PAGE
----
“I need answers. This was your team. How did they fall like a line of dominoes? Was it something in the water? Do you think the Agency did something to the team? We’re still not on good terms. This would be a good way to fuck with me.” The light winked out and Taggart stood up after pressing the button that opened the curtains. “Damn it, Guidry. I want to know what happened.”

“It’s complex and the truth is I can only tell you my side of it. We’ve all been through some crazy stuff in the last couple of weeks. You’ll have to get the rest of the stories from Declan, Riley, Shane, Wade, and Sadie.” It had been a busy few weeks. The truth was he was still reeling from all the changes, too. He thought about the last time the whole team had been together. It had been the night it all started for him. He’d thought he would be the only one leaving, but fate had different ideas. He was happy for that last night together. The next day was when their roads had split, taking them each in separate directions. He hoped it wasn’t forever because he would miss those bastards.

Taggart turned on him. This afternoon the big boss was wearing slacks and a button-down shirt. Remy had rarely seen him in a suit. Taggart was far more comfortable in fatigues, even all these years after he’d left the military. Of course sometimes Remy wondered if Big Tag had really left the Army or merely started his own. “Do you understand the chaos I have to deal with?”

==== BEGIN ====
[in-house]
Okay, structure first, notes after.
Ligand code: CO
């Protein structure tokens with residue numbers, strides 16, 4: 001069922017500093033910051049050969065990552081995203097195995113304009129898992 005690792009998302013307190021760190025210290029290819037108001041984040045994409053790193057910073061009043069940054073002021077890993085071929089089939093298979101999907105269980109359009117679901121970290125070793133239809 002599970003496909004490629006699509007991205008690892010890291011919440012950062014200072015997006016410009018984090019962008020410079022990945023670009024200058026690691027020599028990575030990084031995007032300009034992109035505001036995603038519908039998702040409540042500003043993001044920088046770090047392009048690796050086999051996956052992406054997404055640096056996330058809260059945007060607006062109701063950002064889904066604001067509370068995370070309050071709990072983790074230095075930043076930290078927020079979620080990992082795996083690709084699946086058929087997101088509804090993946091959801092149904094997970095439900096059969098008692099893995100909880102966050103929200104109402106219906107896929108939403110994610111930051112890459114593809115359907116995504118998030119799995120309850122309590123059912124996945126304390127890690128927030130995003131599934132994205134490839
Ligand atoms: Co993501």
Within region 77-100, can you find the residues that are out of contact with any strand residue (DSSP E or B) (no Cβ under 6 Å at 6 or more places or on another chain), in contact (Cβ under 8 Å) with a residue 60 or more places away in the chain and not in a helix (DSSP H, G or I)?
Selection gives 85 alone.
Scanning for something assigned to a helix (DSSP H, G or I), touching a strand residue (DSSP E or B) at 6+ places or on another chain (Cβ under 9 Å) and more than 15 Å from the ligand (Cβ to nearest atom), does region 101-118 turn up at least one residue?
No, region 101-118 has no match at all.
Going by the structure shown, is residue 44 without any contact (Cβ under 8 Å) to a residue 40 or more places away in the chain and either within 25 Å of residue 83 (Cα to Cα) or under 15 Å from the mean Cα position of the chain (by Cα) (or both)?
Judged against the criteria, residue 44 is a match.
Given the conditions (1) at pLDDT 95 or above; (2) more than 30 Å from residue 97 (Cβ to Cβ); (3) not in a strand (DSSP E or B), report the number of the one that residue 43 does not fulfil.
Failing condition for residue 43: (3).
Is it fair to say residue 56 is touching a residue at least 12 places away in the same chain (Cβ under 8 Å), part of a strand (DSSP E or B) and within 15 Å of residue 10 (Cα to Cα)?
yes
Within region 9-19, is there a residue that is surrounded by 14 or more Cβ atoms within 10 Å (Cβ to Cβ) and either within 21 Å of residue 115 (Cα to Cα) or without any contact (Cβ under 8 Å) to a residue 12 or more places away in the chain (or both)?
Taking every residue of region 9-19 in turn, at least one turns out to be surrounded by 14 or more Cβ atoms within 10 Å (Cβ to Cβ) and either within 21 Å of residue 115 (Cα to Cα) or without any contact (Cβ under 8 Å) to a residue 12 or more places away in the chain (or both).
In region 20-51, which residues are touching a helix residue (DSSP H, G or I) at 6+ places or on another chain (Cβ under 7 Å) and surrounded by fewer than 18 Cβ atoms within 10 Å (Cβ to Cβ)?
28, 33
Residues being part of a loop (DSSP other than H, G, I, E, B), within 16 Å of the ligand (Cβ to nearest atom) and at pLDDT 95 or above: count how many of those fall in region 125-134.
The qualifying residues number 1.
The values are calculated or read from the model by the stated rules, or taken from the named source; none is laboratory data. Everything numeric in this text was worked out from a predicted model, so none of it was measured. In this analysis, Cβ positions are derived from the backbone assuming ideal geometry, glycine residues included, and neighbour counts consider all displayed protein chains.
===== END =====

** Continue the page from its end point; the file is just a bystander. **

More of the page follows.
“You’ve known I was going to leave for a long time,” he replied softly, because he did understand the last month had been hard on Taggart. The man hated change and he’d had a ton of it. “I let you know I was buying my family business back last year.”

“I didn’t realize you were going to spark a revolution,” Tag shot back. “Look at what’s happened. Declan gone. He’s run off after some chick who can cook, and I think she put some crazy ideas in his head. Sadie’s traded us in for some group of misfits at Fort Hood. Just good-bye, Uncle Ian. Gotta go break up some criminals, run from a crazy stalker, and find true love. Riley quit via text because he can’t leave his lady love in LA. I built this division from scratch over years, finding the absolute best and brightest.”

“You call us the full douche when we’re all together,” Remy pointed out.

Taggart waved that off. “An affectionate term. I built this all up and it fell apart over the course of a month. Of course I want to know what happened. I’m left with Shane, who smiles too much now. Does he honestly think smiling is going to stop a bullet? I get it. He’s getting laid regularly by his very own smarty pants, but the happy thing is getting to me. And on the other end of the spectrum there’s Wade. He got left out of the grand exit. He spent too much time with that country-western singer. He acts like he’s in one of those songs. You know the ones I’m talking about. Someone cheats and drinks and someone’s dog dies. What I’m saying is, Wade mopes. A lot. Now, personally I think moping will play way better on the bullet front, but it’s annoying. This was a great team. I fed you all. I watered you. What did I do wrong?”